Moderated by Elizabeth Treadwell Jackson, with Reid Gómez, Cedar
Sigo, Kimberly TallBear.
CLOSING RECEPTION IMMEDIATELY FOLLOWING THE PANEL
Paula Gunn Allens many books include the novel The Woman
Who Owned the Shadows, the landmark critical work The Sacred Hoop:
Recovering the Feminine in American Indian Traditions, and a new collection
of essays, Off the Reservation. One of the foremost scholars of
Native American Literature, her latest book is Hozho: Walking in Beauty,
an anthology of historical and contemporary stories by Native authors
which she coedited. Originally from New Mexico, Allen has lived in California
for many years and is Professor Emerita of English at UCLA.
Esther Belins first collection of poetry, From the Belly
of My Beauty (University of Arizona/Sun Tracks, 1999) won an American
Book Award. Her essays, poems, and stories have appeared in numerous publications,
including the anthologies Neon Pow Wow, Speaking for the Generations:
Native Writers on Writing, and Home is in the Blood. Born in
1968 and raised in Los Angeles, she asserts that the Navajo Nation has
always been her homeland. A graduate of the Institute of American Indian
Arts and UC Berkeley, Belin currently lives in Durango, Colorado.
Diane Glancy is Professor of English at Macalester College in St.
Paul, Minnesota, where she teaches Native American Literature and Creative
Writing. Her latest novels are The Man Who Heard the Land (Minnesota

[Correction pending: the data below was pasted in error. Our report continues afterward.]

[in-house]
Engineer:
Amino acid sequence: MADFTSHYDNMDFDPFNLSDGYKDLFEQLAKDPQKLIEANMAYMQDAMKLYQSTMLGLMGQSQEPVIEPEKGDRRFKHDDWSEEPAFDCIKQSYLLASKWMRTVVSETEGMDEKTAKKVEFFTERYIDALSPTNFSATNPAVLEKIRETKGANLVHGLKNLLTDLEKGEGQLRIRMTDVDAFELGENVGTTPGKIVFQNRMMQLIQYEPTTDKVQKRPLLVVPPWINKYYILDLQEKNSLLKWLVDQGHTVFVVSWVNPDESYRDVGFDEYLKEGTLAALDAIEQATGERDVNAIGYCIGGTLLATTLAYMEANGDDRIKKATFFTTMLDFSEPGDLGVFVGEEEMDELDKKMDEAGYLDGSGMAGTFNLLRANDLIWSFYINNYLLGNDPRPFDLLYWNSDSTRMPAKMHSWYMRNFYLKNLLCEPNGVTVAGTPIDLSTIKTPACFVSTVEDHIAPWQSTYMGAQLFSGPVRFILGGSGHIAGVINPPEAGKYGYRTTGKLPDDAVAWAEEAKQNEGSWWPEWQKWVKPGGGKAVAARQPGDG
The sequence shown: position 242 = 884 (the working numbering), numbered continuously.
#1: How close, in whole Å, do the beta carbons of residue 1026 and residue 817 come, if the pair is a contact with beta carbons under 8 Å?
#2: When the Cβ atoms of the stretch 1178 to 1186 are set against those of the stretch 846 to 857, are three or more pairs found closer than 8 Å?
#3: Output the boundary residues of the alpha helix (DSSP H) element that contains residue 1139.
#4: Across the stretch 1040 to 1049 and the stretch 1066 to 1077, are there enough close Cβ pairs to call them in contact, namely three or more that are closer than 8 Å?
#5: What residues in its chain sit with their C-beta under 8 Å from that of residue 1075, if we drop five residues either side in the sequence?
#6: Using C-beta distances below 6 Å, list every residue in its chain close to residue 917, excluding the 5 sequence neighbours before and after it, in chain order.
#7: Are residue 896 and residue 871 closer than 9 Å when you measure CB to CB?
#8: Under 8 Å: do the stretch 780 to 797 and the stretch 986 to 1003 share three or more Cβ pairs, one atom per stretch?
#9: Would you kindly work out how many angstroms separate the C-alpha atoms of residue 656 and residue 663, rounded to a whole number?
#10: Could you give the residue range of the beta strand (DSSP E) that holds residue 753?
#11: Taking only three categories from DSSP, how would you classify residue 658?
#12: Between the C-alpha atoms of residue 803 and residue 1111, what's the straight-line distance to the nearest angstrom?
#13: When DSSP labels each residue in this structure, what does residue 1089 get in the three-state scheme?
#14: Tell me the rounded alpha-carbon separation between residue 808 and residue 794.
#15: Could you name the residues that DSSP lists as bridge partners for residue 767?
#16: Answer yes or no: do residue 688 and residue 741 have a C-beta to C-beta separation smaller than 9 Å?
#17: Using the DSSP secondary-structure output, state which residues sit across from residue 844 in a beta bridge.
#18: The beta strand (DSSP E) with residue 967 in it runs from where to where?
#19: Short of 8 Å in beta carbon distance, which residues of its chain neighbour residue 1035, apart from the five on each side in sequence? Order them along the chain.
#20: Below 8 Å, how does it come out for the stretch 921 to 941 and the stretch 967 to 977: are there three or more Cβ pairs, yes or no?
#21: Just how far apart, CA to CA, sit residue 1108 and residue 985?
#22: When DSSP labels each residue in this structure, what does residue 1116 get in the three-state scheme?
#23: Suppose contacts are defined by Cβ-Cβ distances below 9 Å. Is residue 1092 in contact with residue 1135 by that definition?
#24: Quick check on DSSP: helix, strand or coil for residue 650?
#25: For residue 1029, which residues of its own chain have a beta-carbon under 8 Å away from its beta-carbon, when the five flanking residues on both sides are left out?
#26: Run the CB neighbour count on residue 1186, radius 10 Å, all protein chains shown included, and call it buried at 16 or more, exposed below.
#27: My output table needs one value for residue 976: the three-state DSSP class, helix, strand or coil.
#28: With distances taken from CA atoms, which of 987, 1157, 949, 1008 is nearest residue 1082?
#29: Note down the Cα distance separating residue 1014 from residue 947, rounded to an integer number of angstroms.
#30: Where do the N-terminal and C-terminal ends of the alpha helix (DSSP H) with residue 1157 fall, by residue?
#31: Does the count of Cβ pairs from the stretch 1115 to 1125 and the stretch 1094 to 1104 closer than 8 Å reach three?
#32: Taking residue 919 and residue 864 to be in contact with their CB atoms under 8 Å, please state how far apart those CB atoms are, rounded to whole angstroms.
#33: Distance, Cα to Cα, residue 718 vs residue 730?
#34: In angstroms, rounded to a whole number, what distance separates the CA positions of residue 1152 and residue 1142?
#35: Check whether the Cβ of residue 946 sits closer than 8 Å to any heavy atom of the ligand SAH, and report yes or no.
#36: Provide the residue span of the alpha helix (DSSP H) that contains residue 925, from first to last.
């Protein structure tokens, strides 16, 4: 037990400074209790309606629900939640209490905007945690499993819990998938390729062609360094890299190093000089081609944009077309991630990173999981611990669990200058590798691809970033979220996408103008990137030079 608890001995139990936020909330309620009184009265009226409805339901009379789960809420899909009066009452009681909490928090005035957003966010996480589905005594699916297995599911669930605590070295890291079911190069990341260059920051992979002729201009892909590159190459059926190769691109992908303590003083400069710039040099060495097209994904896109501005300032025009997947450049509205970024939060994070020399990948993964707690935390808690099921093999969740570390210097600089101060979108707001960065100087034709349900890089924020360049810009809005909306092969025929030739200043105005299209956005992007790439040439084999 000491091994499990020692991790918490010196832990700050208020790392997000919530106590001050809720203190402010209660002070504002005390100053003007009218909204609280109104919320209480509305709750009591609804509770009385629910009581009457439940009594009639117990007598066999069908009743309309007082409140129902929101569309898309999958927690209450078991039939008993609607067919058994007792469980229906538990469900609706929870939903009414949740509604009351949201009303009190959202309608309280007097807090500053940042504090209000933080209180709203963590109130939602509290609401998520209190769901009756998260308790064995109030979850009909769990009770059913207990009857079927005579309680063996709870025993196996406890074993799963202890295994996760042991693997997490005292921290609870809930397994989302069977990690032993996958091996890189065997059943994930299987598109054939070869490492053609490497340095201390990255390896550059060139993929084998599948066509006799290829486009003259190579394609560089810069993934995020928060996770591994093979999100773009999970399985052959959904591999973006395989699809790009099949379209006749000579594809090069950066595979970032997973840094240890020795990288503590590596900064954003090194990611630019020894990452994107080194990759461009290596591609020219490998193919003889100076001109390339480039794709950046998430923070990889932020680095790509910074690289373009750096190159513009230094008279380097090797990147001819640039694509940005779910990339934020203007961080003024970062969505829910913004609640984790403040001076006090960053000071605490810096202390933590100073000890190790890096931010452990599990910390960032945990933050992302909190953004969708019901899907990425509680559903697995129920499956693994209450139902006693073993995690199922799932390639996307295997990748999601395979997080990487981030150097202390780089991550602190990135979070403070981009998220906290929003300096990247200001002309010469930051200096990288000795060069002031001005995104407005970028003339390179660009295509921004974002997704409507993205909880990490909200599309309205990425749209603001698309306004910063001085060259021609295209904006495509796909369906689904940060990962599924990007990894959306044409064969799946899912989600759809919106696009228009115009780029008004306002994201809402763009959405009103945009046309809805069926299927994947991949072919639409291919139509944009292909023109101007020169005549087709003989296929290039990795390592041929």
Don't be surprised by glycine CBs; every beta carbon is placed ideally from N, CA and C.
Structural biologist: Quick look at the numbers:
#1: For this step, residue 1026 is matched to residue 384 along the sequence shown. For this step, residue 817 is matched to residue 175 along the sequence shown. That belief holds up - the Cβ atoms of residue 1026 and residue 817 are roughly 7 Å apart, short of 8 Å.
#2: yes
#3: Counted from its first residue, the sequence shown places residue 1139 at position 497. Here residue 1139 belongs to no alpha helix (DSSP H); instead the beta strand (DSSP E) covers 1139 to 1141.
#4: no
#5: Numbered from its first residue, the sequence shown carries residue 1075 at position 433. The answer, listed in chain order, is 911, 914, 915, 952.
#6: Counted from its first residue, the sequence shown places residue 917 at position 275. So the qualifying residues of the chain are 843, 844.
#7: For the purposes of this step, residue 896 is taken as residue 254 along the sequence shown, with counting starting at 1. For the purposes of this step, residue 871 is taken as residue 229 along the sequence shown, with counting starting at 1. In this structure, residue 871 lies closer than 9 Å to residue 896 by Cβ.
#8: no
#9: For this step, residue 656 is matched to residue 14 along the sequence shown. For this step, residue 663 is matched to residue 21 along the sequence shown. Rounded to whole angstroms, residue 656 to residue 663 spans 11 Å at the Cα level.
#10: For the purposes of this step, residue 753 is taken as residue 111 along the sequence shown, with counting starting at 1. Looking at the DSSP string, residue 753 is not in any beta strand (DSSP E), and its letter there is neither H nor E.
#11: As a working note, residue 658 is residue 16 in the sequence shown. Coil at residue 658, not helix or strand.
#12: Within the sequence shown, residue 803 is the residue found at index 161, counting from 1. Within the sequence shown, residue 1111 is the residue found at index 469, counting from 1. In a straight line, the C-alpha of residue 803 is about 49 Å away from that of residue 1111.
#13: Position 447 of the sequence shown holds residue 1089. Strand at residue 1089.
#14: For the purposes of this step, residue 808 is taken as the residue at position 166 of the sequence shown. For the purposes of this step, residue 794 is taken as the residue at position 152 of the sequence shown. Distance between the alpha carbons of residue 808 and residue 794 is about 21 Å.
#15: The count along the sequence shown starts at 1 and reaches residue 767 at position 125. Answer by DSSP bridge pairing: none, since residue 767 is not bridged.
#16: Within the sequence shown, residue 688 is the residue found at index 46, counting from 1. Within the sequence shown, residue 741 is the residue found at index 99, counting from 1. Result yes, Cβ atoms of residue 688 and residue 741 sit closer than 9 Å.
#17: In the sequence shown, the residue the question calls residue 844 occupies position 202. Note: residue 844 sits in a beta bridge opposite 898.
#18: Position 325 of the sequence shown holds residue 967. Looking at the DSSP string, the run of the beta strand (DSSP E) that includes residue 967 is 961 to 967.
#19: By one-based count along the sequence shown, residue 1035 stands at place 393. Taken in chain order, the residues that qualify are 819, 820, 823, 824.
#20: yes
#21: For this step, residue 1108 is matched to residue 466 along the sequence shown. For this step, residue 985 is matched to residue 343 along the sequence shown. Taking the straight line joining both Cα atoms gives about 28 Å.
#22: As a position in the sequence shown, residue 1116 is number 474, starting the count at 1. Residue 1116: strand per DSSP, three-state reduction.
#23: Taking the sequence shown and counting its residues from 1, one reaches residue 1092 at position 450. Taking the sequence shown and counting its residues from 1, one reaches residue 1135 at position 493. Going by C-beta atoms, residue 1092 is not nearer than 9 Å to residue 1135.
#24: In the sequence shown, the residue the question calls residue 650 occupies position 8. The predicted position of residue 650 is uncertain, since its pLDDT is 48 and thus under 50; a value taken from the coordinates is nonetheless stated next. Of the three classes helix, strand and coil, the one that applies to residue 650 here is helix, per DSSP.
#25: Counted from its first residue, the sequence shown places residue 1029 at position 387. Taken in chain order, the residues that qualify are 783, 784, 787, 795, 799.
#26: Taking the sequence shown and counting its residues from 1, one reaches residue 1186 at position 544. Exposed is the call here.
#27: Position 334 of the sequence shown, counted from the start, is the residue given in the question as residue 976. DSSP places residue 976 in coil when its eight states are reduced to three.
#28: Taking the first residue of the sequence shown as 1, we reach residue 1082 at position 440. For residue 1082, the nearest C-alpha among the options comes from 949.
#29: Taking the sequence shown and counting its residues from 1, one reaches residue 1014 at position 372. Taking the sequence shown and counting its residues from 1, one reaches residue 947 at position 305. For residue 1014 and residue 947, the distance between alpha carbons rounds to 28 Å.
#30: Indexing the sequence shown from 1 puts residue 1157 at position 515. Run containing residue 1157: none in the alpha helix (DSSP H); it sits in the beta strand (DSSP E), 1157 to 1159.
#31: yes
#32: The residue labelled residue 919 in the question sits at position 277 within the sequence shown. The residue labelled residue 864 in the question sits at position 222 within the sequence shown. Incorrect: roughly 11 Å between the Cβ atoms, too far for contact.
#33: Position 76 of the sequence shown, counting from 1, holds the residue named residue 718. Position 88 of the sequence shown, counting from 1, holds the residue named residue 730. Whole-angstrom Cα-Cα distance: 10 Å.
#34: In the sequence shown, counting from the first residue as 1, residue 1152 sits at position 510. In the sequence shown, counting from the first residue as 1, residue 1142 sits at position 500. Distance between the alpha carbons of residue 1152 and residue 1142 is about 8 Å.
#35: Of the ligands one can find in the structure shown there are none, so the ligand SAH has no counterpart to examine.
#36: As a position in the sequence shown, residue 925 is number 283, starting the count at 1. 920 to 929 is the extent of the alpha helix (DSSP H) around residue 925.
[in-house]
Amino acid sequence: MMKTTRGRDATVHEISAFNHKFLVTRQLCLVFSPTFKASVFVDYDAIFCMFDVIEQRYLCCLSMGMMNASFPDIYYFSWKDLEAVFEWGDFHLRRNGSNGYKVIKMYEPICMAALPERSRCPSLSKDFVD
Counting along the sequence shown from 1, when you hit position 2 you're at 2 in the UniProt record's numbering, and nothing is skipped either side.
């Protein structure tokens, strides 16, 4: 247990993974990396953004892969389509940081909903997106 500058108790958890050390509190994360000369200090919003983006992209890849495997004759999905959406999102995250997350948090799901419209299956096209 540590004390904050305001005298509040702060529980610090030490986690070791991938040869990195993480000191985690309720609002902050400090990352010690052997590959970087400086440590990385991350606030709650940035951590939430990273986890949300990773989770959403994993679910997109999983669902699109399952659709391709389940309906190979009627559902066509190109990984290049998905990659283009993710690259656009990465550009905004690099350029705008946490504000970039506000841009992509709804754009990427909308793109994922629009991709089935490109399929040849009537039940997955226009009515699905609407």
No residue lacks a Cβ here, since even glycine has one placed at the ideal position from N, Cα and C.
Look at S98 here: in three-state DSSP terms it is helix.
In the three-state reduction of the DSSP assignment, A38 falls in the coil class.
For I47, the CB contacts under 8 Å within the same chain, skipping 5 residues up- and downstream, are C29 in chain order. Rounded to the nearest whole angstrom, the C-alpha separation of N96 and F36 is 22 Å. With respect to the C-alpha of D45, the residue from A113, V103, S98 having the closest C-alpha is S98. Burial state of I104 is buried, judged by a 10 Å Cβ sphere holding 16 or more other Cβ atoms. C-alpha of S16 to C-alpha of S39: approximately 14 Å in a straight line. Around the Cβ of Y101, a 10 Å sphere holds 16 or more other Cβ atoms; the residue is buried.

Historical Society Press) and The Mask Maker (University of Oklahoma
Press). Her recent collections of poetry include The Relief of America
(Tia Chucha Press, 2000) and (Ado)ration (Chax Press, 1999). She
received a Cherokee Medal of Honor in 2001 from the Cherokee Honor Society,
Reid Gómez is an urban raised Navajo from the rock formerly
known as Potrero Hill, San Francisco. Excerpts from Reid's novel A
Woman's Body Was Found There are being published in the forthcoming
The Oxford Anthology of Contemporary Fiction by Native American Women.
She is working on another novel, Cebolla, and a book about American
Inés Hernández-Ávila is a poet and scholar,
currently teaching Native American womens and Chicana literature
at UC Davis. As Chair of the Department in the late 1990s, she was key
in establishing the countrys first M.A. and Ph.D. program in Native
American Studies. Hernández-Ávila is Nimipu/Nez Perce of
Chief Joseph's band on her maternal side. She is an editor for the Wicazo
Sa Review, a member of the board of directors of Frontiers: A Journal
of Women's Studies, and a member of the Advisory Council for Public
Programming for the National Museum of the American Indian.
Mark Nowak's multidisciplinary work includes publications in anthropology,
poetry/poetics, cultural studies, and photography. He is the author of
a poetry collection, Revenants, co-editor with Diane Glancy of
the acclaimed anthology Visit Teepee Town: Native Writings After the
Detours (both from Coffee House Press), and editor of the journal
Xcp: Cross-Cultural Poetics. Currently, Nowak is an Associate Professor